This handsome little fellow is demonstrating a “downward dog” position.
The carpet-grass webworm moth (Fissicrambus haytiellus) is a nondescript moth in the family Crambidae, which includes grass moths. “Grass moths” fold themselves up like the photo above when at rest to blend in with grass stems. (It does not work as well when the moth is resting on a car windshield, as in this case, or stucco.)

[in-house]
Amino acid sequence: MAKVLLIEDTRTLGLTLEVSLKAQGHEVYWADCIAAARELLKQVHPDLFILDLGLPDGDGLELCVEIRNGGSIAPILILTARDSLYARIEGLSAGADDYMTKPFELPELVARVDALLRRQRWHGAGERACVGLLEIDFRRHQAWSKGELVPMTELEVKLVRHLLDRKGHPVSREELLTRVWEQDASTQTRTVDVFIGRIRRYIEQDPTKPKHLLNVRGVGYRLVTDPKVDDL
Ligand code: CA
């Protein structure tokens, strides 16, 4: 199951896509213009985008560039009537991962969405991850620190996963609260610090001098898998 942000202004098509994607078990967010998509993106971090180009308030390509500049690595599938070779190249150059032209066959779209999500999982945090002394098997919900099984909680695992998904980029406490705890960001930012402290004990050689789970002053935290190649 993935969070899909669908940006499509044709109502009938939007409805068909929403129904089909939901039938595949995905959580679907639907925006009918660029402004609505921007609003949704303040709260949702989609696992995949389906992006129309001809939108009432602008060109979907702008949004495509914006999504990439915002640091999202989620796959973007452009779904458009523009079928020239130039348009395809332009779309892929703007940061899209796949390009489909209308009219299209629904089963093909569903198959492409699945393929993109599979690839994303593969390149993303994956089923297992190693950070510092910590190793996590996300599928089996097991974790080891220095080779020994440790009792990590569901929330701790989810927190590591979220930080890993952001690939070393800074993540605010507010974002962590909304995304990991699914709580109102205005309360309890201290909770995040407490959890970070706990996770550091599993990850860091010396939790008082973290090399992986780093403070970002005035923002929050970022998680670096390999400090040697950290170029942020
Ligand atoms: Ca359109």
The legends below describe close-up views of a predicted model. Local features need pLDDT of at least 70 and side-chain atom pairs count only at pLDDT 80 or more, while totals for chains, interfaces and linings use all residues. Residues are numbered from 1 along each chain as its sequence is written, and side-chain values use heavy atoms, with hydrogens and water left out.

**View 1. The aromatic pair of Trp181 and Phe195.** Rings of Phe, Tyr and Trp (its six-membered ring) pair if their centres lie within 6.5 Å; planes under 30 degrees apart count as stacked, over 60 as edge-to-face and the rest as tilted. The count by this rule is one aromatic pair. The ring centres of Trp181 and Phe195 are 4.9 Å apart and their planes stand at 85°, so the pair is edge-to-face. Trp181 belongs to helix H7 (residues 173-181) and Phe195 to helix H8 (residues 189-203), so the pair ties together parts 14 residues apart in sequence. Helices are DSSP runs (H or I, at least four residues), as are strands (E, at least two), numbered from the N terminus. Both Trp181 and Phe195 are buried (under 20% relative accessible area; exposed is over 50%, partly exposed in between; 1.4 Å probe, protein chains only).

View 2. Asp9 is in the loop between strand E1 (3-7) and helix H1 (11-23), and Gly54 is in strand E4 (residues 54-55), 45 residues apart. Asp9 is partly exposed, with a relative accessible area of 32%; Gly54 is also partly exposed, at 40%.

The photo below is a relatively dark brown individual; generally these tiny, tubular moths are light brown or yellow as above, with that broad, white longitudinal stripe being very distinctive.
The adult moths do not damage grass, but the larvae can. Larvae of webworm moths spend the night feeding on grass stems and leaves near the soil, and spend the day hiding in burrows lined with silk (hence the name “webworm”). Enough larvae feeding in an area can produce ragged brown spots in the grass, or even kill grass that’s already under pressure from summer heat and drought.
Here’s another more typically colored specimen: